1313 Morse Ave_29JUNE2015
Rendering of the development proposed for 1313 West Morse. The first three stories are parking.

In early July, I discussed the issues with the other car-centric Pritzker project, located at the southeast corner of Morse and Wayne avenues. Moore approved it at the end of the month. On the plus side, the development will replace a suburban-style strip mall with the 45 new rental units, whose tenants will have easy access to the ‘L’ stop and pedestrian-oriented retail and entertainment.

In a long post on his website explaining why he approved the project, Moore correctly noted that, while some neighbors have argued the development is too dense for the neighborhood, the new households will be a shot in the arm for the local economy:

Some oppose the development because it will increase the population density of the neighborhood. Over-population is the least of our concerns. In fact, the number of residents in Rogers Park has decreased by over 13 percent, or nearly 8,500 people, since 2000. We need more people in Rogers Park, not less, to support the neighborhood's retail and commercial businesses.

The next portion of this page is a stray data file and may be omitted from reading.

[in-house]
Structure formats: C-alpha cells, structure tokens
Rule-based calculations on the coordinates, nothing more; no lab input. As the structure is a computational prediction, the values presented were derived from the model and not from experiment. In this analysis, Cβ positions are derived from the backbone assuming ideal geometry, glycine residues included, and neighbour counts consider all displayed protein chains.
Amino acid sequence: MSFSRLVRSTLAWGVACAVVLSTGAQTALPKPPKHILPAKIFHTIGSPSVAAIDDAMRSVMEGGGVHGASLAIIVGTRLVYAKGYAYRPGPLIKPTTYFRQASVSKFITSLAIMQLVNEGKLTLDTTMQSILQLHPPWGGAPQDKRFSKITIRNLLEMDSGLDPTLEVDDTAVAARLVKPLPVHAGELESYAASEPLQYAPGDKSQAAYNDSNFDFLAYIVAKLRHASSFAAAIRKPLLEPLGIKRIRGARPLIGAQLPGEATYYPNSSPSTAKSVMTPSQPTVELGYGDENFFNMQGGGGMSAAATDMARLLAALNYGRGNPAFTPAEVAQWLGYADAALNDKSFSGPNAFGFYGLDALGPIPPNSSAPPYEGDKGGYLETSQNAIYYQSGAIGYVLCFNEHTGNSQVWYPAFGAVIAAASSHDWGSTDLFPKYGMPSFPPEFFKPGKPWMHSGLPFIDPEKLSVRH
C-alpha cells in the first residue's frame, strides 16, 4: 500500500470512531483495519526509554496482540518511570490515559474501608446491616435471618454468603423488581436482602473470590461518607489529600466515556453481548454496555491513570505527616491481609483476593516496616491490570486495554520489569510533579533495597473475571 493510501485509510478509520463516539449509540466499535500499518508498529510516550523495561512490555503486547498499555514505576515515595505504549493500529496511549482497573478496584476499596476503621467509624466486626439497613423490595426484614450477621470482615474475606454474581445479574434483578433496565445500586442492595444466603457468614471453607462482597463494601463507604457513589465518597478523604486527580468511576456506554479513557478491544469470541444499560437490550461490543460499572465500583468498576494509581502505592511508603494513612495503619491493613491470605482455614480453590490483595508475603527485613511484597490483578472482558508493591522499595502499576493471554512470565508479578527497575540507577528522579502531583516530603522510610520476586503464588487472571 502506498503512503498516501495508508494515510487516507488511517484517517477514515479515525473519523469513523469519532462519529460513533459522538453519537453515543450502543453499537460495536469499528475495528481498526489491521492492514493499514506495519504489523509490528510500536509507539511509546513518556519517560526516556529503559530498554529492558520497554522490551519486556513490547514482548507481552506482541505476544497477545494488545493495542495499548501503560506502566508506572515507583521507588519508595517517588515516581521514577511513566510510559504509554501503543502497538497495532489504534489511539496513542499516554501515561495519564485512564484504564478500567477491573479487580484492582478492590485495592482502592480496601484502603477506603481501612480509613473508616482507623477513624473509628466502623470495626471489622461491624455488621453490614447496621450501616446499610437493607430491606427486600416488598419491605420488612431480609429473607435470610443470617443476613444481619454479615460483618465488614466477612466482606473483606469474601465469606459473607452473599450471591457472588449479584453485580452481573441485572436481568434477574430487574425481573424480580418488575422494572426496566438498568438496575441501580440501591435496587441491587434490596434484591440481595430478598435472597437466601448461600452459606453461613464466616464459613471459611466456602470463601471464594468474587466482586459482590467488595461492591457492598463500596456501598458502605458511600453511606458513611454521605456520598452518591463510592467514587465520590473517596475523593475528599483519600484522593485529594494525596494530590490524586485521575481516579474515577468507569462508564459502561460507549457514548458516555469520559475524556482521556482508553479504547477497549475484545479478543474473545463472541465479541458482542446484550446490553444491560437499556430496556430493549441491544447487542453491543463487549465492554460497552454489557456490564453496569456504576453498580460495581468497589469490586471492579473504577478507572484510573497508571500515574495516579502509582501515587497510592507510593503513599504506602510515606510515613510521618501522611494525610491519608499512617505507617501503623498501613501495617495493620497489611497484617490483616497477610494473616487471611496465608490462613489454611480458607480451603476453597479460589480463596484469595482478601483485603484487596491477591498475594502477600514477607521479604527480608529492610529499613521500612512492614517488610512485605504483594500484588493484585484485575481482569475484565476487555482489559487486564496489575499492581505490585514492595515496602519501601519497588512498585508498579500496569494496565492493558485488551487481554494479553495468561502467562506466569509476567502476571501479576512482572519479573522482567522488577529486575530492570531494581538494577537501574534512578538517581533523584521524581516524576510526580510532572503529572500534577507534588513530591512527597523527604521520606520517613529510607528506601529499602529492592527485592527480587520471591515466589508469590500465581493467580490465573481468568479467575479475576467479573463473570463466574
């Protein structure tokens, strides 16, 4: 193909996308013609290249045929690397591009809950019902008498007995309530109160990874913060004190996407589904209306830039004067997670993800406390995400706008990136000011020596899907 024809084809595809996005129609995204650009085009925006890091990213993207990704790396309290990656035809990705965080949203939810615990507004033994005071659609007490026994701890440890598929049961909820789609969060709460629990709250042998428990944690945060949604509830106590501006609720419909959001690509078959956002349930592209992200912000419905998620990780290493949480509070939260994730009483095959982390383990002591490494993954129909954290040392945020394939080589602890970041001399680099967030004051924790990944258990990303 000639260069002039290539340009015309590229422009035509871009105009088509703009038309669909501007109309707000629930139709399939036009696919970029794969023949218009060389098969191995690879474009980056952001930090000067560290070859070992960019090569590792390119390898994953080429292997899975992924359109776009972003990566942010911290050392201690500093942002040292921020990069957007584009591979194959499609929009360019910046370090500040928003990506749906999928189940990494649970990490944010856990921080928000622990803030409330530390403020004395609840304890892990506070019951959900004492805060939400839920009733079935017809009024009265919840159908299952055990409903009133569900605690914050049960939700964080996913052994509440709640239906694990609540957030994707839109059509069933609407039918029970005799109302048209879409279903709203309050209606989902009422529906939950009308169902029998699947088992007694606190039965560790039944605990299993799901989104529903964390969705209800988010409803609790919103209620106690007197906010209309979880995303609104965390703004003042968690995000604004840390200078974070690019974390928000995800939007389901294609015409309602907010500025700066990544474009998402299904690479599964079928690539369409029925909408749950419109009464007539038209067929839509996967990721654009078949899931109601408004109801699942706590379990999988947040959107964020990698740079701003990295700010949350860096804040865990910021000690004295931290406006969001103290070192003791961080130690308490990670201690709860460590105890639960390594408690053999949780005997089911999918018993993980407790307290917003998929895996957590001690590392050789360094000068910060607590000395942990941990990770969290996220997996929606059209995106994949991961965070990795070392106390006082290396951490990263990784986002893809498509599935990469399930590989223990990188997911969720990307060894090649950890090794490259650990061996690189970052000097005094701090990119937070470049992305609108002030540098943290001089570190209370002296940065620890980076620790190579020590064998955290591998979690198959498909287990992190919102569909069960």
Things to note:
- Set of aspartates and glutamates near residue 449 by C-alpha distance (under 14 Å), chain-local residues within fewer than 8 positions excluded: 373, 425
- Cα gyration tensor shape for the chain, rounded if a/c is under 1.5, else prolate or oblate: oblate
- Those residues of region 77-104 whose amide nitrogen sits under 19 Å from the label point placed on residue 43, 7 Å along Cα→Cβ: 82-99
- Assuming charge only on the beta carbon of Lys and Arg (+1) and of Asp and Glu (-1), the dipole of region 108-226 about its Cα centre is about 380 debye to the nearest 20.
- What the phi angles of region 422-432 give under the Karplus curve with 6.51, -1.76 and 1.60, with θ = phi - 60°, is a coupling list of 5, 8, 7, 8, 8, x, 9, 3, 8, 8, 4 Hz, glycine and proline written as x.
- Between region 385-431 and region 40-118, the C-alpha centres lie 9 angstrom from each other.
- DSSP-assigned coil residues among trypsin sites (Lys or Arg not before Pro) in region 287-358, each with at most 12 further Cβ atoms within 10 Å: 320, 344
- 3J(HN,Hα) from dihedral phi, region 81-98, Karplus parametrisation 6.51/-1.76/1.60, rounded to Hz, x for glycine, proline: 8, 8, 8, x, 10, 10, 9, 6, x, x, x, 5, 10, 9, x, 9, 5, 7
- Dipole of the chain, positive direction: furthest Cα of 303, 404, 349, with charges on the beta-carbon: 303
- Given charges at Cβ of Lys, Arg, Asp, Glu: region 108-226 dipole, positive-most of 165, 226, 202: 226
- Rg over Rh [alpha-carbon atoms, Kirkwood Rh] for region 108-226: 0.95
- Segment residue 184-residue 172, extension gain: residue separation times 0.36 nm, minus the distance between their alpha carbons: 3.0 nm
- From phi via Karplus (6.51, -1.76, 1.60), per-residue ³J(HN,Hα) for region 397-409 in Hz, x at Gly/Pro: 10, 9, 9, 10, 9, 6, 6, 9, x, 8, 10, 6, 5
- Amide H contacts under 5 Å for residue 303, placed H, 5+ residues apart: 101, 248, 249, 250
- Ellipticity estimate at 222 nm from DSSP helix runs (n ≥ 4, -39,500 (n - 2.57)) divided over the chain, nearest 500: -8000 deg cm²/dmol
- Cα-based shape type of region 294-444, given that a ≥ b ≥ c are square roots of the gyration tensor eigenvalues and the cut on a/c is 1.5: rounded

The real problem with the development is that Tawani is ignoring the fact that this is prime real estate near a train station. They're building 50 parking spots for the Pritzker-owned Mayne Stage music theater and pub across the street, plus 25 spaces for residents. Under the city’s current transit-oriented development ordinance, only 23 total spaces are required for a 45-unit building at this location. Mayor Rahm Emanuel recently proposed a new TOD reform ordinance – if this passes, zero car spots would be required in a building like this.

Like the garage on Sheridan, the new Morse structure will encourage more people to bring automobiles into the community. If Pritzker and Moore keep promoting this kind of development, it might make sense to start calling the neighborhood "Rogers Parking Lot."